There is also a changeover function key, in case Forbes needs to add a new location or make any sensor changes. This will also allow Forbes to add any additional pallet patterns that might be requested by a new customer. Most of Forbes’ patterns are the interlocked “five-tie,” says Geringer.

The software had to consider both the GMA and European pallet sizes. “Because we import 90% of our cocoa on these pallets, we needed to use them for outgoing loads,” Geringer says. “These pallets are not only a bit smaller than GMA pallets, but they don’t have the same runners, so they must go into the palletizer in a different way.”

After palletizing, the loads are stretch wrapped on existing equipment that uses a film cover over the top of the load.

The benefits to Forbes

The primary benefit to Forbes is in output. “Even though our production increase isn’t spectacular, our rates are now much faster than a person could safely do,” Geringer says. “And there is room for future growth, because we’re nowhere near the 25 bags-per-minute capacity of the robot. Palletizing is no longer a bottleneck. Now the speed constraint on the line is our bagging operation.”

In addition, Forbes can now build taller pallet loads, sometimes as high as seven feet. “When we were palletizing manually, there were limits on how high a worker could throw a bag weighing up to 60 pounds,” says Geringer. “Now we can stack higher, so we use fewer pallets. Even more important, we save on shipping costs, since a lot of our shipments go at a pallet rate, regardless of whether the pallet holds 500 or 2귔 pounds. This way we can save our customers some money.”

He adds that the loads are much more consistent and straight, but Geringer can’t point to any reaction from customers. “No complaints is like a compliment,” he says. He adds that damage claims have also been reduced, but he declined to disclose any specifics.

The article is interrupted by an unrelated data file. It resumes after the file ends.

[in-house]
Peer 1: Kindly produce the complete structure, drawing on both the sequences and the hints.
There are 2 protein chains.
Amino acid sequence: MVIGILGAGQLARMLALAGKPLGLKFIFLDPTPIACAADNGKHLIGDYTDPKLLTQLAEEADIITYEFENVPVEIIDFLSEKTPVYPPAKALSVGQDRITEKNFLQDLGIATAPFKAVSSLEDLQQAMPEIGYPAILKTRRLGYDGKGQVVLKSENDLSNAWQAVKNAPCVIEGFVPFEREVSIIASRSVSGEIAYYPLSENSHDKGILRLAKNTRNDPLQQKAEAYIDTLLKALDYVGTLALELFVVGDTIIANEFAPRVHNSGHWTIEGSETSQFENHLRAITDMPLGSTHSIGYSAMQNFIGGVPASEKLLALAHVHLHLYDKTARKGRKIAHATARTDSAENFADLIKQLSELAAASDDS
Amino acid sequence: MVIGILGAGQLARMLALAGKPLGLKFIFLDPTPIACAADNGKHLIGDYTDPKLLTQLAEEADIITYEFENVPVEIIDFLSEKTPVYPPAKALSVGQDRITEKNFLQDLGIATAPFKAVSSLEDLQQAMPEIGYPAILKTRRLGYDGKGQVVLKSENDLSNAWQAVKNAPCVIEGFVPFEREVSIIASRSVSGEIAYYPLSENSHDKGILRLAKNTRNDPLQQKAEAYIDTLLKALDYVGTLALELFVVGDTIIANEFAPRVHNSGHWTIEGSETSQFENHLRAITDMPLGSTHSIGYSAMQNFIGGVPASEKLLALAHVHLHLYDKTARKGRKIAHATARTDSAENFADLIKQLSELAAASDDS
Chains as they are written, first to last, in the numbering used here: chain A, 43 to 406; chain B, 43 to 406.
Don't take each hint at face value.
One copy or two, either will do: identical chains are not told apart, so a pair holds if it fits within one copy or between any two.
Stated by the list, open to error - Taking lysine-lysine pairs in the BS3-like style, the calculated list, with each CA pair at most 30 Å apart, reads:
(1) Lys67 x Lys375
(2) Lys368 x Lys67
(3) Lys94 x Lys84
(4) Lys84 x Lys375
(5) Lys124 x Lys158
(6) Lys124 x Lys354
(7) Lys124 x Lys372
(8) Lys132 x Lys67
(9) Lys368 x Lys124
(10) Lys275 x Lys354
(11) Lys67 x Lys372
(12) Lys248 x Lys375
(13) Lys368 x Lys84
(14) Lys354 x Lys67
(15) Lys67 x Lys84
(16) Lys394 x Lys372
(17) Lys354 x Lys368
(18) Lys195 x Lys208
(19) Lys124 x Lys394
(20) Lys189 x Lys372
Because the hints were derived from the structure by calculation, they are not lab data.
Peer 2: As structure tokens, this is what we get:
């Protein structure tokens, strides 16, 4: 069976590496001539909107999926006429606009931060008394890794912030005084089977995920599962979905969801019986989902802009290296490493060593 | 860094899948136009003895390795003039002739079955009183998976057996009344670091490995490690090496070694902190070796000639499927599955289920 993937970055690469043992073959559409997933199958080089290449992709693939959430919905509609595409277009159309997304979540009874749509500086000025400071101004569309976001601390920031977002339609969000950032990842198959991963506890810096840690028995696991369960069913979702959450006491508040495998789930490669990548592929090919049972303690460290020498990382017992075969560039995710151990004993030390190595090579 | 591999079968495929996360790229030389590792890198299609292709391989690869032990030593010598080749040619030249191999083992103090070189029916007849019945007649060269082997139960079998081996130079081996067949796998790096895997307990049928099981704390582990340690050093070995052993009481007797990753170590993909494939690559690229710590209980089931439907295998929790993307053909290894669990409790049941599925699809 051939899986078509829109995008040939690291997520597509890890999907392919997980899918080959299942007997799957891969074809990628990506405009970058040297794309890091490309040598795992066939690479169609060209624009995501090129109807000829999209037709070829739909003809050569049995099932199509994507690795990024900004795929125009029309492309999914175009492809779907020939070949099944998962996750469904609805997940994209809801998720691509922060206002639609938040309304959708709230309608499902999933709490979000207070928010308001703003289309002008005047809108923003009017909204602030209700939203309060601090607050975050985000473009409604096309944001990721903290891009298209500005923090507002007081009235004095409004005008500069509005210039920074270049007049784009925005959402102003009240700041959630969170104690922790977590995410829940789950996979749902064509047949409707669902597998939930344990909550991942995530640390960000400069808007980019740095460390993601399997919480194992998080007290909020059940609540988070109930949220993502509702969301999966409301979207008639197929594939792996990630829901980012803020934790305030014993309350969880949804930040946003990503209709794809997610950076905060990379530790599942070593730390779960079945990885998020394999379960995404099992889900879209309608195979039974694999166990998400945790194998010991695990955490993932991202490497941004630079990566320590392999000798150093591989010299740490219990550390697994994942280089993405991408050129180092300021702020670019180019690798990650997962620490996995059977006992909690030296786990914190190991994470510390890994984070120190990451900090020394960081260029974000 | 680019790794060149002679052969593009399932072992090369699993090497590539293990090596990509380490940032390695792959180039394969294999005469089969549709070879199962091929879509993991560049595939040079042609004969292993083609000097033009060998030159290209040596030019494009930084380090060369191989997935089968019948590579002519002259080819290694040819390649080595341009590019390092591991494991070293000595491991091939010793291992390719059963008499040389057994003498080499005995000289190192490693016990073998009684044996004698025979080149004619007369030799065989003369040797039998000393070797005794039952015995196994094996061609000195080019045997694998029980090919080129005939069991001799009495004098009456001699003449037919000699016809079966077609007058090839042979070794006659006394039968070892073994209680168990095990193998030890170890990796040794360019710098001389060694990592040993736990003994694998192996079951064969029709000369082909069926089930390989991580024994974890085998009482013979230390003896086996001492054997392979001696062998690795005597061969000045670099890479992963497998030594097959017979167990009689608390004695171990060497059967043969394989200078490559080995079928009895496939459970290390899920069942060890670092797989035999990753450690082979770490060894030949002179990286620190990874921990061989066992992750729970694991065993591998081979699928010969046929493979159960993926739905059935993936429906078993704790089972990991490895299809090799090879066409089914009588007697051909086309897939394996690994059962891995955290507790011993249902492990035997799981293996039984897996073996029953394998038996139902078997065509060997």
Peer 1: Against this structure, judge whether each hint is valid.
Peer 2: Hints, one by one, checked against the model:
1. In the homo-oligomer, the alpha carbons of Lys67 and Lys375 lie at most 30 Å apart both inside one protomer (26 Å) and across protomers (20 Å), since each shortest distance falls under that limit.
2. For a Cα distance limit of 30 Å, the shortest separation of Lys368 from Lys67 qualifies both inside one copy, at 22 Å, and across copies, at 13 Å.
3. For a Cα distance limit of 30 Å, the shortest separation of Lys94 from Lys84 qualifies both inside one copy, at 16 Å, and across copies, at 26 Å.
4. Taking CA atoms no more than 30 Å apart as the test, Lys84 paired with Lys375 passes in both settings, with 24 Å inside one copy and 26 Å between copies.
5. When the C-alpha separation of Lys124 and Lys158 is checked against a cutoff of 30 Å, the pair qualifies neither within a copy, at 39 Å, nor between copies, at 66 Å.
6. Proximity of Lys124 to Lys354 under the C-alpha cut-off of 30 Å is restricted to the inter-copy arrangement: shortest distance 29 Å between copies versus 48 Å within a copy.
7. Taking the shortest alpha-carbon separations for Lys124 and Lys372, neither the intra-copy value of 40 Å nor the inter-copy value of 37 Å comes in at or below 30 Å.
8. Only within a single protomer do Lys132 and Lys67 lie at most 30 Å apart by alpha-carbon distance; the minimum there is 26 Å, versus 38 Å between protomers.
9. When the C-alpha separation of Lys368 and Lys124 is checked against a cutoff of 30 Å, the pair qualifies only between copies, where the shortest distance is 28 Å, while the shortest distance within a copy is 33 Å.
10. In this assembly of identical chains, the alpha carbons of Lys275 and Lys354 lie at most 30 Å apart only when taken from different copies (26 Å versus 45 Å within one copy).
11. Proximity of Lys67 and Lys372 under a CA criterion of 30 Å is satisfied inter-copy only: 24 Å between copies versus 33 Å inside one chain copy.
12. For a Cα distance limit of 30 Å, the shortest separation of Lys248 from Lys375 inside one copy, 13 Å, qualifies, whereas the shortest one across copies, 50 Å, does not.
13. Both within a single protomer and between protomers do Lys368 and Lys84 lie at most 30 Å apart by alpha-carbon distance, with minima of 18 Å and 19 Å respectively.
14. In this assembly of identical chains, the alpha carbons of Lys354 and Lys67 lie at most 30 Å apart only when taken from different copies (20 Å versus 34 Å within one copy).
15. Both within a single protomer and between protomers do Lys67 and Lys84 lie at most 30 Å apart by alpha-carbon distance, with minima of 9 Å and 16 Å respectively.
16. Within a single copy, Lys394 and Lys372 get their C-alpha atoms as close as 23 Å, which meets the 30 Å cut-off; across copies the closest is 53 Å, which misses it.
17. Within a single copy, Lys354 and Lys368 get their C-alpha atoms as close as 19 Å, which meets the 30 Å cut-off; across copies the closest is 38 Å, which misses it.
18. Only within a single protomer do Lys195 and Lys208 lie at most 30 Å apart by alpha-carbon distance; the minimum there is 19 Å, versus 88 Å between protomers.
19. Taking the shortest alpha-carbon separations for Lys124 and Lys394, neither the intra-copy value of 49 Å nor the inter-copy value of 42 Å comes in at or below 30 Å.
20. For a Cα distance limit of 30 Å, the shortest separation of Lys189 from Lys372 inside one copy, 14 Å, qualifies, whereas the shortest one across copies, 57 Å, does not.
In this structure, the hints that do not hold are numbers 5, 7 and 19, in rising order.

Payback on the equipment is also something that Forbes can’t discuss, except to say that the previous workers who built pallet loads are a lot happier. “We didn’t lay anyone off by adding this machine, but we sure use our workers more effectively,” says Geringer. “Before, we had to rotate workers in manually building pallet loads because the work was so tiring. That’s why our people bought into this new system so enthusiastically. I can tell you that one back injury to a worker would more than offset the cost of the palletizer.” The new palletizer is also proving to be a focal point when customers visit the Forbes plant.

Plus, it’s also restored Forbes’ faith in new equipment. “A couple of years ago, we had a real bad experience with some new equipment, so we were almost gun-shy about doing this,” says Geringer. “For this project, the Fanuc people were great to work with, and their service has been terrific.”